The confirmation diagnostic criteria proposed by the Centers for Disease Control and Prevention (CDC) in 2019 are the following (all four must be met): (a) use an electronic cigarette (“vape”) during the 90 days before symptoms; (b) pulmonary infiltrate, such as opacities on plain chest radiograph or ground-glass opacities on chest computed tomography; (c) absence of pulmonary infection in the initial study; (d) no alternative plausible diagnoses (e.g., cardiac, rheumatologic, or neoplastic process).5

On the other hand, bronchoscopy has been used, but cellular analysis has little diagnostic utility since there is no specific cellular pattern in EVALI, although it has been seen that a common finding is lipid-laden macrophages.5

Currently, there is no optimal treatment regimen for EVALI, however, as a first item, vaping should cease. Empirical antibiotic therapy is normally used to cover the main microorganisms that cause respiratory infections, but observational studies have shown clinical improvement in response to corticosteroids.5

EVALI is a serious lung disease with public health implications given the increased use of these “apparently” harmless e-cigarettes. Its diagnosis requires a high degree of suspicion and exclusion of other possible causes of lung disease, which is why a thorough and complete clinical history is required and a collaboration between various services such as Pneumology, Radiology and Pathology.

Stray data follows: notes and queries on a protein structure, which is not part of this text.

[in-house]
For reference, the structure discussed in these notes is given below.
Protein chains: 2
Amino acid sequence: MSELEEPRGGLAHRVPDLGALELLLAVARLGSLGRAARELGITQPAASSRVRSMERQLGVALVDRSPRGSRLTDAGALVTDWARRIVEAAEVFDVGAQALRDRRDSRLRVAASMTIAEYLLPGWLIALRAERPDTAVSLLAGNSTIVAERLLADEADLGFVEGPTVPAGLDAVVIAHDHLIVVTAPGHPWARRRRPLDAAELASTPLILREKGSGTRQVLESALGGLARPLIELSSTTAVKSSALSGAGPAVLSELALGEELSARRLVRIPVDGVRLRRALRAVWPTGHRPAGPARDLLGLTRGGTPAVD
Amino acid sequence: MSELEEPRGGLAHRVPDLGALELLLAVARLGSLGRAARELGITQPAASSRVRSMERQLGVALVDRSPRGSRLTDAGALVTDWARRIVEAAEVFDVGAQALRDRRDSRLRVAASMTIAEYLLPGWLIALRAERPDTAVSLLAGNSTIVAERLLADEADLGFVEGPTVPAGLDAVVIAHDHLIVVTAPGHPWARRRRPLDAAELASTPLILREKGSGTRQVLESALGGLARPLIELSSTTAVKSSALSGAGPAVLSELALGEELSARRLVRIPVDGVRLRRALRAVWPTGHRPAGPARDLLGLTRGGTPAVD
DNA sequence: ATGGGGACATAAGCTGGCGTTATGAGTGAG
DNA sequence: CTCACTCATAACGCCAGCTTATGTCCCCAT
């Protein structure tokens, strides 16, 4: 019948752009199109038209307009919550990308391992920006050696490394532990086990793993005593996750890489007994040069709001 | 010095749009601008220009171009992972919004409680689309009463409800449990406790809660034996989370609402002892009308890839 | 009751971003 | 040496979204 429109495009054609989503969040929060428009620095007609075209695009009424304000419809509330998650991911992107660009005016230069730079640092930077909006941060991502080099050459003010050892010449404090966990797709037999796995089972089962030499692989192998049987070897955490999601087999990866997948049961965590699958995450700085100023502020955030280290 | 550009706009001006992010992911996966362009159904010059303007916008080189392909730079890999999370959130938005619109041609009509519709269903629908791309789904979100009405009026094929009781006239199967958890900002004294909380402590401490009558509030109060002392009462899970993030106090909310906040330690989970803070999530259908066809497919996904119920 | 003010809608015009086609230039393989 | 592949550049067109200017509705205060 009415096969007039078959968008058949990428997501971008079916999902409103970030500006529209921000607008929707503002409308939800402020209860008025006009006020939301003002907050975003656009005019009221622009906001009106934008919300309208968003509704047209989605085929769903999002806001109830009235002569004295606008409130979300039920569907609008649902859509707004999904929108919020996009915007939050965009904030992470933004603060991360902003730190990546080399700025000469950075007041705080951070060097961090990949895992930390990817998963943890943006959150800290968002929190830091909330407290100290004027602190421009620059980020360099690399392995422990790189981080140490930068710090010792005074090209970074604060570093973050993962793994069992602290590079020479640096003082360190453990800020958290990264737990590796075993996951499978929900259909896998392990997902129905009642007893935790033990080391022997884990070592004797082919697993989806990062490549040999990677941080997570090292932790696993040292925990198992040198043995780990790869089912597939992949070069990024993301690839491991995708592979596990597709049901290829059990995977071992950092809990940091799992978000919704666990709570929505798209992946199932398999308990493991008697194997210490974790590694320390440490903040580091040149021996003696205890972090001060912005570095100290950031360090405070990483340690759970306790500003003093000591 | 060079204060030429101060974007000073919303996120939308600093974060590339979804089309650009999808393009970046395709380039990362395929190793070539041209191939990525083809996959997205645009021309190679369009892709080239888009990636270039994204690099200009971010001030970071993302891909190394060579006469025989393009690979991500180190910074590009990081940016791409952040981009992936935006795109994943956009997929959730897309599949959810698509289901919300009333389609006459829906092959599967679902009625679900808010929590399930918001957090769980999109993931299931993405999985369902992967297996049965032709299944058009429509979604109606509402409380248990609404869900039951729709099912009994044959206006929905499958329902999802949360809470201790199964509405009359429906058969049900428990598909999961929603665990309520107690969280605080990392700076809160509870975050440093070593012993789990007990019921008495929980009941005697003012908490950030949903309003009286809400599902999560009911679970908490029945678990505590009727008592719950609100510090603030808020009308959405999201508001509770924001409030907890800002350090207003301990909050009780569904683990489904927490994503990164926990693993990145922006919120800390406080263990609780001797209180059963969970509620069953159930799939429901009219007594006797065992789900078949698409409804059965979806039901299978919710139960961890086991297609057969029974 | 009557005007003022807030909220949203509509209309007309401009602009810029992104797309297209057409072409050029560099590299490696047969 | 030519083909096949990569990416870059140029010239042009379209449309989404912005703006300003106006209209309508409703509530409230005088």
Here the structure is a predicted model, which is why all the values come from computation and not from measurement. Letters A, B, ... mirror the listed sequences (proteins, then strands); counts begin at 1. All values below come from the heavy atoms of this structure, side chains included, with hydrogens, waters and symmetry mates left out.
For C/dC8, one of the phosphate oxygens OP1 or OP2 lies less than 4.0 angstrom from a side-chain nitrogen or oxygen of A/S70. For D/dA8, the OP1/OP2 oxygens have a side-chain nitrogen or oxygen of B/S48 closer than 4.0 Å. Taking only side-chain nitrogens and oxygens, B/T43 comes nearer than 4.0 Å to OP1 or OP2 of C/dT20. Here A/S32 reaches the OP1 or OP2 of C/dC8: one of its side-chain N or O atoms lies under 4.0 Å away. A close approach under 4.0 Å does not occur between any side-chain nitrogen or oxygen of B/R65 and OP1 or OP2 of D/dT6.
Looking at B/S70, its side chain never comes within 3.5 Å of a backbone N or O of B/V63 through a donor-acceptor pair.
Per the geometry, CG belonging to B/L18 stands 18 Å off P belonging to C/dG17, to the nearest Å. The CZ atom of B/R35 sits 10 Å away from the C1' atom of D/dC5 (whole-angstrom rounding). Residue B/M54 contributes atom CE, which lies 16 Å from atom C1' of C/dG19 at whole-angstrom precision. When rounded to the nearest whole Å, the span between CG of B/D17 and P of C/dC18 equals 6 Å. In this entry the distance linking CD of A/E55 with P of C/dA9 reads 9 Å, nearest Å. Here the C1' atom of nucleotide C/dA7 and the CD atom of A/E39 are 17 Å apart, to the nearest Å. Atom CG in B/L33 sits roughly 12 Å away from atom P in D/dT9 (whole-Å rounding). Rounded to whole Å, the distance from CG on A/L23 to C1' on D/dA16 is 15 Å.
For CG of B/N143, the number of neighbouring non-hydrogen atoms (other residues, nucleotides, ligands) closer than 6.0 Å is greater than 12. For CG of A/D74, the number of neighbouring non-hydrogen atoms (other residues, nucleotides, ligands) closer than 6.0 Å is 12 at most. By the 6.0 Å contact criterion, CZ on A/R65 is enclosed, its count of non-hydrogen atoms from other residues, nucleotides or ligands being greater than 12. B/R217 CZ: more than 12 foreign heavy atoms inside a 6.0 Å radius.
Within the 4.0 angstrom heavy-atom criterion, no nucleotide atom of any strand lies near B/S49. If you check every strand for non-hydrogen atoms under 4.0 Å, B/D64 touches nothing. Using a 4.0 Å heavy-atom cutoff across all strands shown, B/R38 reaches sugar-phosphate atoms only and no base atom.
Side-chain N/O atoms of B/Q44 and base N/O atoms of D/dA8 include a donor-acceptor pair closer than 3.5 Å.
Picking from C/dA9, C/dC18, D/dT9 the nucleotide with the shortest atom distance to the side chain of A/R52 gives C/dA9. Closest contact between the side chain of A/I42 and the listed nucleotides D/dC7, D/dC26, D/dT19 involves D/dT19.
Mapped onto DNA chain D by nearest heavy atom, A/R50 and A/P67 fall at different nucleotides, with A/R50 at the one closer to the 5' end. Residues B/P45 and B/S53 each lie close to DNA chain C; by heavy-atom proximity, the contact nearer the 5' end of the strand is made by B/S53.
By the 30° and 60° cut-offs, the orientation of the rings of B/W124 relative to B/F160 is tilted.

Conflict of Interests

The authors state that they have no conflict of interests.

P.M. Panse, F.F. Feller, Y.M. Butt, M.L. Smith, B.T. Larsen, H.D. Tazelaar, et al.
Pulmonary injury resulting from vaping or e-cigarette use: imaging appearances at presentation and follow-up.
Radiol Cardiothorac Imaging, 2 (2020), pp. e200081
J.E. Layden, I. Ghinai, I. Pray, A. Kimball, M. Layer, M.W. Tenforde, et al.
Pulmonary illness related to e-cigarette use in Illinois and Wisconsin - final report.
N Engl J Med, 382 (2020), pp. 903-916
S. Kligerman, C. Raptis, B. Larsen, et al.
Radiologic, pathologic, clinical, and physiologic findings of electronic cigarette or vaping product use-associated lung injury (EVALI): evolving knowledge and remaining questions.
Radiology, 294 (2020), pp. 491-505
M. Flower, L. Nandakumar, M. Singh, D. Wyld, M. Windsor, D. Fielding.
Respiratory bronchiolitis-associated interstitial lung disease secondary to electronic nicotine delivery system use confirmed with open lung biopsy.
Respirol Case Rep, 5 (2017), pp. e00230
S.H. Belok, R. Parikh, J. Bernardo, H. Kathuria.
E-cigarette, or vaping, product use-associated lung injury: a review.
Pneumonia (Nathan), 12 (2020), pp. 12